Our gospel lesson today brings us another story about gates and who enters by the gate, and who chooses to climb over walls. Our text from John takes place after Jesus had healed the man born blind. We talked about this passage very briefly during Lent. Jesus healed a man who was blind from birth. But rather than being happy about this turn of events, the religious leaders call the man in for questioning, and want to find someone to blame, rather than someone to celebrate. The passage ends with Jesus saying that it is the religious leaders, not the man who was healed, who are truly blind.
            We move straight from those words from Jesus to this passage, John 10, where Jesus describes a sheepfold in some detail. At focus in this long metaphor is who is in charge of the sheep, who really has the best interest of the flock at heart. Jesus says, “Anyone who does not enter the sheepfold by the gate, but climbs in by another way is a thief and a bandit.” In contrast, the shepherd is known to the sheep, known to the gatekeeper. The shepherd knows the sheep, calls them by name, and the sheep recognize the voice of the shepherd, and follow where the shepherd leads. Jesus says that the sheep won’t follow the voice of a stranger.
            We read that Jesus’s audience doesn’t get what he’s saying, and so he continues, describing himself as the gate for the sheep. Again, Jesus says, others who try to call to the sheep are thieves and bandits, but through Jesus, through his voice, there is salvation, pasture. Jesus lays out a clear contrast: The thief comes to steal and kill and destroy. “I came,” Jesus says, “that they might have life, and have it abundantly.” That’s my favorite verse in the Bible: “I came that they might have life, and have it abundantly.” The text continues on after the close of our passage, with Jesus mixing his metaphors a bit, describing himself as the Good Shepherd, one willing to lay down his life for the sheep in the flock, one who knows his sheep, and is known by the sheep, but the themes are similar. When he’s done speaking, we read that his audience was “divided” because of his words, and eventually, some try to stone Jesus before he makes an escape.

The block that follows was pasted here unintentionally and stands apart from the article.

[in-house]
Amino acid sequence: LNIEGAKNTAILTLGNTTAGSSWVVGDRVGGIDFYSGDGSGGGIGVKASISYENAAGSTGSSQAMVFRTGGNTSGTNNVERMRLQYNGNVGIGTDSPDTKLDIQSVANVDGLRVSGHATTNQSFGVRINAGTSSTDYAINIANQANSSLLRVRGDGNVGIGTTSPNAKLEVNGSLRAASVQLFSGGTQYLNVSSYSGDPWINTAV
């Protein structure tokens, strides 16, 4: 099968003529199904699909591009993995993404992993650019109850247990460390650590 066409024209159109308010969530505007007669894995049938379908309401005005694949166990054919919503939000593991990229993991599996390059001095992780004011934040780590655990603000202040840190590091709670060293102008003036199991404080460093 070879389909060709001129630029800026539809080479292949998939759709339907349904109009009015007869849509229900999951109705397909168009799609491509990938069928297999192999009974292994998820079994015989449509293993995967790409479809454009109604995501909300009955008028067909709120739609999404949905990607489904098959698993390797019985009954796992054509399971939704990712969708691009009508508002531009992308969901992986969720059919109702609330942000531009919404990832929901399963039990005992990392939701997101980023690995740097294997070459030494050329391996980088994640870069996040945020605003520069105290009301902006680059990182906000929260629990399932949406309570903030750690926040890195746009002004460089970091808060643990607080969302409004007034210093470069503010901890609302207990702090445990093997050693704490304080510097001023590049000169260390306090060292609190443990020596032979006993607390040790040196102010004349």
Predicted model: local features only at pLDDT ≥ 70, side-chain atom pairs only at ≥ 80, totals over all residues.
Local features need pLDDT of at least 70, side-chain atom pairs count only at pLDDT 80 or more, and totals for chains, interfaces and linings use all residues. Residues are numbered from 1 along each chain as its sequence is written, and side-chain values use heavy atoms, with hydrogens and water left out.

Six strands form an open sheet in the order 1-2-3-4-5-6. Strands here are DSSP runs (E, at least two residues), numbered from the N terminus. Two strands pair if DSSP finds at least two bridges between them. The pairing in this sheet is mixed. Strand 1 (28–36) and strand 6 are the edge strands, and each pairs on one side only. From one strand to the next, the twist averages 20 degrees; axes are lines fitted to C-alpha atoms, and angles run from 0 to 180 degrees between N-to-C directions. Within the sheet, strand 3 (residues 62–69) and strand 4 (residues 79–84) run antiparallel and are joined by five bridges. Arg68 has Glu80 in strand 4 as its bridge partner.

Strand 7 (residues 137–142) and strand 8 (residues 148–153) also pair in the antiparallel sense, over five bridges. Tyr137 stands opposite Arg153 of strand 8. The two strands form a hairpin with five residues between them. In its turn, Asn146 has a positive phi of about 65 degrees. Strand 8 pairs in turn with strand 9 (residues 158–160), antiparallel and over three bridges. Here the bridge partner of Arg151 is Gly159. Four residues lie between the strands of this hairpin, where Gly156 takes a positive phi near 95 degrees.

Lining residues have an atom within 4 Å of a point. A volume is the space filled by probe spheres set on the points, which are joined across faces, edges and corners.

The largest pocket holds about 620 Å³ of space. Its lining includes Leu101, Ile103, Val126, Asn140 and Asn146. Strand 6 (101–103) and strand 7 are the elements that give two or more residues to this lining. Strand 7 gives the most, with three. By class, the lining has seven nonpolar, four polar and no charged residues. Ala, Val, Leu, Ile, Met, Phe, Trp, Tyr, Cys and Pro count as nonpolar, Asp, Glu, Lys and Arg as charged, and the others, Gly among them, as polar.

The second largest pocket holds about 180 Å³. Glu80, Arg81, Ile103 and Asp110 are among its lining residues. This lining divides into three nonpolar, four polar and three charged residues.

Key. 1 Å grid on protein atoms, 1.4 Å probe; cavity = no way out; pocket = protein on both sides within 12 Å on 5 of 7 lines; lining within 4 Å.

One helpful book in my ministry has been a book by Tom Berling and Lovett Weems called Bearing Fruit: Ministry with Real Results. Your purpose, they argue, should answer the “so that” question. Anything you do in the life of the church or in your own individual life should have a corresponding so that purpose to it. Here’s what they mean: think of something you spend your time doing, and then think about why you do it. You might say, “I go running regularly so that I keep my heart healthy and strong.” Everything after the words so that is your purpose. Although other things might happen when you run, the so that is the fruit you are seeking after. And if your running isn’t helping to keep your heart healthy and strong, and that’s the main purpose of why you were running, you need to come up with another plan of action. Berlin and Weems want churches to be clear about their so that statements. They want us to know why we’re doing what we’re doing, and how what we’re doing helps to support our true purpose. In The United Methodist Church, for example, our official mission statement states that our purpose is “to make disciples of Jesus Christ for the transformation of the world.” So we might be doing a lot of great things as a congregation, but if those things aren’t helping us to grow as disciples, and they aren’t helping others to become disciples, we might start to ask questions about why we’re doing what we’re doing.